His artistic value was recognized by several exhibitions organized in the most famous galleries and museums in the world (Musée des Arts Décoratifs, Paris, 1971; Arts Club of Chicago, 1972; Museum Boijmans Van Beuningen, Rotterdam, 1976; Transworld Art, Washington, D.C., 1977; Musée d'Art Moderne de Liège, 1978; Musée Picasso, Antibes, 1984; Correr Museum, Venice, 1985; Metropolitan Museum of Art, New York, 1990; La Pedrera, Barcelona, 1993; Bunkamura Museum, Tokyo, 1995; Olympic Museum, Lausanne, 1996).

He credits Giorgio Soavi for publishing his first posters, which were designed for Olivetti in Milan: "As he has done for many artists, Soavi suggested to me, too, that I invent things that were out of the ordinary for me. This attitude has created such a fertile spirit of invention around him that one wonders if he is not the true author of the works that he has thus encouraged."[2]

Soavi also was largely responsible for the 1975 book Lettres a Giorgio, which reproduces 40 envelopes, each an original watercolor addressed to Soavi—most to his Milan home—and delivered by the mail from various international addresses. Folon writes in a brief Afterword: "We build in our dreams a monument to the unknown postmen to thank them all for having allowed these images to reach their destination."[3]

In the 1990s, Folon decided to create a foundation in the Solvay Castle, La Hulpe. In 2005, under the direction of Marilena Pasquali, Fabio Mochi organised the exhibition of Jean-Michel Folon in Florence which six years later gave rise to the creation of the permanent Folon exhibition in the Giardino delle Rose (Rose Garden) in Florence. Another piece of television quite famous and remembered is a commercial about methane for SNAM. The soundtrack is Dolorosa by Michel Colombier.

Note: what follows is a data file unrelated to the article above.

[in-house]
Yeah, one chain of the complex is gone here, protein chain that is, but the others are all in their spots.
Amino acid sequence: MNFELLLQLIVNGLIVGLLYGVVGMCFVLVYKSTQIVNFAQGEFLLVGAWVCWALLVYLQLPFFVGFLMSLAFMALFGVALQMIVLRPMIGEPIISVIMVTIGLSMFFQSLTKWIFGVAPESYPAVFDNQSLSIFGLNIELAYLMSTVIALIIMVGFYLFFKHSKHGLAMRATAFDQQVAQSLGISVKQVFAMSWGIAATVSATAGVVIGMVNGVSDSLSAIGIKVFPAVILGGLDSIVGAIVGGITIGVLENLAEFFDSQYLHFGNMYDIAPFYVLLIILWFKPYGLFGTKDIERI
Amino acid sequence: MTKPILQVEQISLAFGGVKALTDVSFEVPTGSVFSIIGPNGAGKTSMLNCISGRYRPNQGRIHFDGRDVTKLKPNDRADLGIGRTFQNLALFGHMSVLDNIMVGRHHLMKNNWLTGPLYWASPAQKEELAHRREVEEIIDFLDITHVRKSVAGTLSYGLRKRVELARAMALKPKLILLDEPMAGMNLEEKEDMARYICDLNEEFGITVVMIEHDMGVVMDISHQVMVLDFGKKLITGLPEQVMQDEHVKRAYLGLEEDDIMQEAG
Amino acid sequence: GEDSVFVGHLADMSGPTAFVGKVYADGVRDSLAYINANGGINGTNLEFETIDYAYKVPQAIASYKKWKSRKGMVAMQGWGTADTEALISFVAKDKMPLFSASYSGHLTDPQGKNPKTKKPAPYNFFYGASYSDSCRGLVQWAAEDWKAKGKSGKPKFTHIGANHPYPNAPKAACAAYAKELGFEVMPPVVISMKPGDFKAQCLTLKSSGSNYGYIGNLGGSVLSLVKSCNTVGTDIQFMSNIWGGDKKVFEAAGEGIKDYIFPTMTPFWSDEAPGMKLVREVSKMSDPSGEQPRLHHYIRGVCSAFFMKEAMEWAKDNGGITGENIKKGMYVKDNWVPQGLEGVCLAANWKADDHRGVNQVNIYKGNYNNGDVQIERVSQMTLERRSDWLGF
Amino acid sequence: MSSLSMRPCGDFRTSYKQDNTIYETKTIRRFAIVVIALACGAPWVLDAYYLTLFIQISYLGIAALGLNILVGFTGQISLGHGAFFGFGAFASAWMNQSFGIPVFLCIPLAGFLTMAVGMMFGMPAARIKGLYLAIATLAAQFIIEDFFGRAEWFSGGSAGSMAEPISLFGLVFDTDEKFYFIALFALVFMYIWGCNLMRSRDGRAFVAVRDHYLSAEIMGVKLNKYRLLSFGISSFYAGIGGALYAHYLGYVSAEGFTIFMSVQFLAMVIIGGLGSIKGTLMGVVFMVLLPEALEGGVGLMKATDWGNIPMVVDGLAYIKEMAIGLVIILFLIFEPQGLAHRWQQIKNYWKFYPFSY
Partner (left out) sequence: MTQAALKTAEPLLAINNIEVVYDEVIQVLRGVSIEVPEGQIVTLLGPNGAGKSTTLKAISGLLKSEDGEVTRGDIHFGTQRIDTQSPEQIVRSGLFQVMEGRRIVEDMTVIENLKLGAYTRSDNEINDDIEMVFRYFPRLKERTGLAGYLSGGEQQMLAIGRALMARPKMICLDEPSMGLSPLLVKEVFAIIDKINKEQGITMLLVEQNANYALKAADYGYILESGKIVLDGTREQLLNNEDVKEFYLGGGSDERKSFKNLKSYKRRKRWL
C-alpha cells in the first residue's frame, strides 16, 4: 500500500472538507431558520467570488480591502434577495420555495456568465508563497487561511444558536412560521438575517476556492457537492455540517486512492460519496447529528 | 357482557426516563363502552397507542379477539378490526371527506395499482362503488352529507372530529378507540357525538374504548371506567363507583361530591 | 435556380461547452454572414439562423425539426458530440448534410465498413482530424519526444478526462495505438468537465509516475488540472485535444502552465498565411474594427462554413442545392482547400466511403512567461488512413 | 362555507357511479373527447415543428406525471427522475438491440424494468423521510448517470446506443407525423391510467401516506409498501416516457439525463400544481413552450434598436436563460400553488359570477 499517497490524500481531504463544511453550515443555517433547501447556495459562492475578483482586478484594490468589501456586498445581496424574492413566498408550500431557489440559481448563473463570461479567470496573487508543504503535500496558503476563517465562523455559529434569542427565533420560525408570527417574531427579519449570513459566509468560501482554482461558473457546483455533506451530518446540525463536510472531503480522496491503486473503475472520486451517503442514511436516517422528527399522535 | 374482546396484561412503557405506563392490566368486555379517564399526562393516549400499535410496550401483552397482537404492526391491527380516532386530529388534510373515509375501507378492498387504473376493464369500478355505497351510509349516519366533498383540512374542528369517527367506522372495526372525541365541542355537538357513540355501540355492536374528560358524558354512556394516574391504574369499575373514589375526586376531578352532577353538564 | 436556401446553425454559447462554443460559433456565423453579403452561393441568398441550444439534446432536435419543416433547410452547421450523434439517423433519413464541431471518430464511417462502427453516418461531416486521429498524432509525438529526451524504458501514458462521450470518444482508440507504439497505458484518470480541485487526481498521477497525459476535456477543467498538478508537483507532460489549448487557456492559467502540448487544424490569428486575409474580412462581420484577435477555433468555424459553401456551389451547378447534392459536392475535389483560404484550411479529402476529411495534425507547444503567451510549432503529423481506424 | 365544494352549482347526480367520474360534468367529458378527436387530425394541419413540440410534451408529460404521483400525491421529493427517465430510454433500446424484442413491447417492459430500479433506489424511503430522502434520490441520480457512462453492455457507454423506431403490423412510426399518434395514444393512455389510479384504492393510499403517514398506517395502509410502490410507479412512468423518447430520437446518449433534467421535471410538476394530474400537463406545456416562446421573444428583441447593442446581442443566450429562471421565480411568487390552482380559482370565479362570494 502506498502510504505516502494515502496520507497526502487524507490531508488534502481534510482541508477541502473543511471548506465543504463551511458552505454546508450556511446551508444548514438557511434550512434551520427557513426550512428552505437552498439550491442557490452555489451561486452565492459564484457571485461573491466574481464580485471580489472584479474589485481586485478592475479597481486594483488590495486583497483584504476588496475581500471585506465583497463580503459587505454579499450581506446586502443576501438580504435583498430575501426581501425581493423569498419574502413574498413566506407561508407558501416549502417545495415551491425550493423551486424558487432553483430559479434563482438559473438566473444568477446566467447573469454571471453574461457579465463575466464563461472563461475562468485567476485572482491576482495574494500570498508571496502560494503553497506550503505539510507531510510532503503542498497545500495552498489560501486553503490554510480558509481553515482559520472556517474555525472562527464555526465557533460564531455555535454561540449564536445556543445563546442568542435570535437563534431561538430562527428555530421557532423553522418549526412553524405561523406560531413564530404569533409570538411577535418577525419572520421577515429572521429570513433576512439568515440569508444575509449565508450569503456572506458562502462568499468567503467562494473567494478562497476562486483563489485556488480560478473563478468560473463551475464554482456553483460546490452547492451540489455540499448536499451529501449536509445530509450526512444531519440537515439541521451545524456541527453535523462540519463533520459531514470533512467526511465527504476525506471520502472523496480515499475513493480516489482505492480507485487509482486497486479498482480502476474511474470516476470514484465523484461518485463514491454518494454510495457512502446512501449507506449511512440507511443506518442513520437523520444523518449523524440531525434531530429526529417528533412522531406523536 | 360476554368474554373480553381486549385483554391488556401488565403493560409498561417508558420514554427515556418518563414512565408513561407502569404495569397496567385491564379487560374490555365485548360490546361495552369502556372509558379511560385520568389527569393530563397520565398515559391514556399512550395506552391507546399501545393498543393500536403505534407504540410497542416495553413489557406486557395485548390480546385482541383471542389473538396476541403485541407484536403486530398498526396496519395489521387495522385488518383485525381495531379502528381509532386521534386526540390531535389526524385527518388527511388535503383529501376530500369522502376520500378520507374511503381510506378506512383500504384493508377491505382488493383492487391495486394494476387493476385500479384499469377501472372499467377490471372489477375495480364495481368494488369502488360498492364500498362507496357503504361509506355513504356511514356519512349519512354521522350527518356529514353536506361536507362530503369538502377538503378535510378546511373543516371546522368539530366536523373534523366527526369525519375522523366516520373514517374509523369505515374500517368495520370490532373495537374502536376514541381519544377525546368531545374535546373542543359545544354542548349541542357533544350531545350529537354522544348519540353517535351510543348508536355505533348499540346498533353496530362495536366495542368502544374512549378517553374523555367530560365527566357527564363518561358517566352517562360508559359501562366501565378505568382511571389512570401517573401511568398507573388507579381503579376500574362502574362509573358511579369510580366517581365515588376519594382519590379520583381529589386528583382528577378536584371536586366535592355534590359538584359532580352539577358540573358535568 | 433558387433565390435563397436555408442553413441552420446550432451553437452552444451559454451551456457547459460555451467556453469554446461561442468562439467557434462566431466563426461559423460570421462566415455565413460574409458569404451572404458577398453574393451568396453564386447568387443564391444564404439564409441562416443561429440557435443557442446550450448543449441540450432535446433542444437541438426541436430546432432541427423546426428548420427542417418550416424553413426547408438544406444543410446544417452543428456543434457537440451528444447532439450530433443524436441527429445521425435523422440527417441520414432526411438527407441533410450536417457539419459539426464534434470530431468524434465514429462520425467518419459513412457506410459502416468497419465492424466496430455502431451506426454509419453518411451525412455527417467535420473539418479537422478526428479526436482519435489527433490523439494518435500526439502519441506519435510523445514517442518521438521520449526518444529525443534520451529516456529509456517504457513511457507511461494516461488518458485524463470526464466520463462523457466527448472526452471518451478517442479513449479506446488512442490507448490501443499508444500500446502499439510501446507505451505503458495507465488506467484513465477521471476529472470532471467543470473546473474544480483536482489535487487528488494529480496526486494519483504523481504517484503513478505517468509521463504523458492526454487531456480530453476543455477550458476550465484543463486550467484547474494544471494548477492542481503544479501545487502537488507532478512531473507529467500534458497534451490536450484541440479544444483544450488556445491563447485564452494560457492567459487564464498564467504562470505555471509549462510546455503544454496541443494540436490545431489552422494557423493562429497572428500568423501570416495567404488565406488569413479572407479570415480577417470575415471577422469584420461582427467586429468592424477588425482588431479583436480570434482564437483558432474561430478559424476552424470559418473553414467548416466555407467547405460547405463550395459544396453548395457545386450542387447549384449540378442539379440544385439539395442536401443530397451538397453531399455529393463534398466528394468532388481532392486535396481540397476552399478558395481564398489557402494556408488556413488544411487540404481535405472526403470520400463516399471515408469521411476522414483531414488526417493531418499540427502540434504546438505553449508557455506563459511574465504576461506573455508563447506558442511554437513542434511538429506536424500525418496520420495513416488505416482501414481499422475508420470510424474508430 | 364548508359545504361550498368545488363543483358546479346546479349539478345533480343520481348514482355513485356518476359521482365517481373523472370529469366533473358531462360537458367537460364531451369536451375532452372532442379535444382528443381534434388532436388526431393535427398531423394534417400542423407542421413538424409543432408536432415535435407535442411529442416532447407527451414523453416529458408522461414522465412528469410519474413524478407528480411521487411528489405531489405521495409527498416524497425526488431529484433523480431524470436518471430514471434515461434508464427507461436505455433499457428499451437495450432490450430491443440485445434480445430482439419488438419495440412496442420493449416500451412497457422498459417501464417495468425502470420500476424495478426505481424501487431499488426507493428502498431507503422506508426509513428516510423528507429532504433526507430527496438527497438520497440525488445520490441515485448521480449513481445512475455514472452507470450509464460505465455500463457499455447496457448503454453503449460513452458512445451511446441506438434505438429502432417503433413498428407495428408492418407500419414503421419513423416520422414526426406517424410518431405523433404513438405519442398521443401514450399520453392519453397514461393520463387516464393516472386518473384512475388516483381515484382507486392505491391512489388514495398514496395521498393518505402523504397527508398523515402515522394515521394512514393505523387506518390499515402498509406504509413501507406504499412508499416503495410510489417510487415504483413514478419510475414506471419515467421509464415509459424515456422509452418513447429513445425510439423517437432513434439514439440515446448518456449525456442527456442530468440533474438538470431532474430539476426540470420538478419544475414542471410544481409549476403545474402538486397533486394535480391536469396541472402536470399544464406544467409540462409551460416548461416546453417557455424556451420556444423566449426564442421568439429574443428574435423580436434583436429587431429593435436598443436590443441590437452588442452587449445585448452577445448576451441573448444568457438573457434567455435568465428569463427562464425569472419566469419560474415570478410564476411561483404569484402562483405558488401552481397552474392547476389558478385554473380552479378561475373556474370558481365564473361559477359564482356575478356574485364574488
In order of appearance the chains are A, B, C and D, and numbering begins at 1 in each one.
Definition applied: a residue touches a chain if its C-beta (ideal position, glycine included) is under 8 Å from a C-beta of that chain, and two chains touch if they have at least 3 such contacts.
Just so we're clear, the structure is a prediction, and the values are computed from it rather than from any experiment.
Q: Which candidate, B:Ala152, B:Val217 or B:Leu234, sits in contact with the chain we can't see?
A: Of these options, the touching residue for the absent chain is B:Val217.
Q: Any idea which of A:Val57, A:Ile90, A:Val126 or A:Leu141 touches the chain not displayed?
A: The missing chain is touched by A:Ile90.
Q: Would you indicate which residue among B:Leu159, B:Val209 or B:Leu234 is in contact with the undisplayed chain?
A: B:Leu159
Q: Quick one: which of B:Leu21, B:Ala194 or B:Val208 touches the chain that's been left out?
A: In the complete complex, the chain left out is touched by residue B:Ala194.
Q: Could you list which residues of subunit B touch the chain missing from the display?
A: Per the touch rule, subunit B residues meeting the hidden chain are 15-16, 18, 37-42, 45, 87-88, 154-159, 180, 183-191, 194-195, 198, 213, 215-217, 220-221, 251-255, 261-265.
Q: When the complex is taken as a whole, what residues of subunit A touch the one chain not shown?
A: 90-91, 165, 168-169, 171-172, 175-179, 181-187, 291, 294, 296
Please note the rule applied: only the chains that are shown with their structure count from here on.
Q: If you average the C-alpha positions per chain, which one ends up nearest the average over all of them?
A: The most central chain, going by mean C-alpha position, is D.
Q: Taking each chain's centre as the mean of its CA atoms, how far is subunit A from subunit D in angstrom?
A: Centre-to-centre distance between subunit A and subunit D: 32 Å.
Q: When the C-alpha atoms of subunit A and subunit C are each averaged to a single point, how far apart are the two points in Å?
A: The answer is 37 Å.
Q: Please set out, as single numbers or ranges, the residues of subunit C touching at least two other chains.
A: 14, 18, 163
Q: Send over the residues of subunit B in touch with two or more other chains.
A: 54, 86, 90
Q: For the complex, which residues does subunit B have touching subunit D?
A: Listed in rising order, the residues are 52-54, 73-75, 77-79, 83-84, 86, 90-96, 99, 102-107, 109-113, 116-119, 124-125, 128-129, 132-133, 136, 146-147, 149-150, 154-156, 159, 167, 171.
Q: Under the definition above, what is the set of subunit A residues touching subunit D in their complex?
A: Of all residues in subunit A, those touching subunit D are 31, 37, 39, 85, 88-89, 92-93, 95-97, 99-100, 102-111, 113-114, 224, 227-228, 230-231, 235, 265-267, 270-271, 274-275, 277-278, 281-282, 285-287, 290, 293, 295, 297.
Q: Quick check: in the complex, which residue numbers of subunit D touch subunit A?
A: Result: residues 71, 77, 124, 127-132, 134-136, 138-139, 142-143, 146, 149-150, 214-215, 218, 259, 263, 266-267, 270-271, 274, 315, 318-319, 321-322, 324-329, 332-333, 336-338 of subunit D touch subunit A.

Personal life[edit]

Folon settled in the outskirts of Paris in 1955. In 1985, he moved to Monaco.

Milton Glaser describes an incident with Folon in the 1970s: "Last year a group of us were driving at dusk from Paris to Folon's house at Burcy. As we passed the forest of Fountainbleau, Jean-Michel mentioned that we were going to have rabbit for dinner. My wife, Shireley, recoiled and said, "I can't eat rabbit, I have a rabbit at home" (referring to Mr. Hoffman, our dwarf albino). Jean-Michel paused thoughtfully for a moment and said, "O.K., then we can have some nice cheese . . . unless you have a cheese at home."[4]


Jean-Michel Folon died in Monaco on 20 October 2005, at the age of 71. He was buried at the Monaco Cemetery.[5] His two children Catherine and François were both handicapped and died at a young age.

Book covers[edit]

In popular culture[edit]

In 1980, the disco singer Sheila mentions him in 'Les sommets blancs de Wolfgang,' on her album Pilote sur les ondes.[6] In 1985, the song 'Comme dans les dessins de Folon', written by Philippe Delerm, on the album "La langue de chez nous," by Yves Duteil.[7] In 2014, the singer Calogero mentions the soundtracks of Ennio Morricone and the flying men of Folon as inspirations.[8] In 2015, Cyril Houplain (in French) mentions Folon as an inspiration to create the visual universe of -M- aka Matthieu Chedid's album Nous deux (Ma mélodie).[9]


  1. ^ Museo Cantonale d'Arte, Lugano: Jean-Michel Folon
  2. ^ Folon, Jean-Michel. "About the Posters," in Posters by Folon. New York: Abrams / Alice Editions, 1978
  3. ^ Folon, Jean-Michel. Lettres a Giorgi [New York] Barron's / Alice Editions [1975]
  4. ^ Glaser, Milton. "Introduction." Posters by Folon. New York: Abrams,1978
  5. ^ Verany, Cedric (1 November 2008). "Monaco Cimetière : des bornes interactives pour retrouver les tombes". Monaco Matin. Retrieved 26 December 2015.
  6. ^ Sheila, Les sommets blancs de Wolfgang, on YouTube.
  7. ^ La langue de chez nous, Discogs
  8. ^ Calogero et les hommes volants, Huffingtonpost
  9. ^ [replay] Cyril Houplain, artiste original et inventif, Exquises esquisses

External links[edit]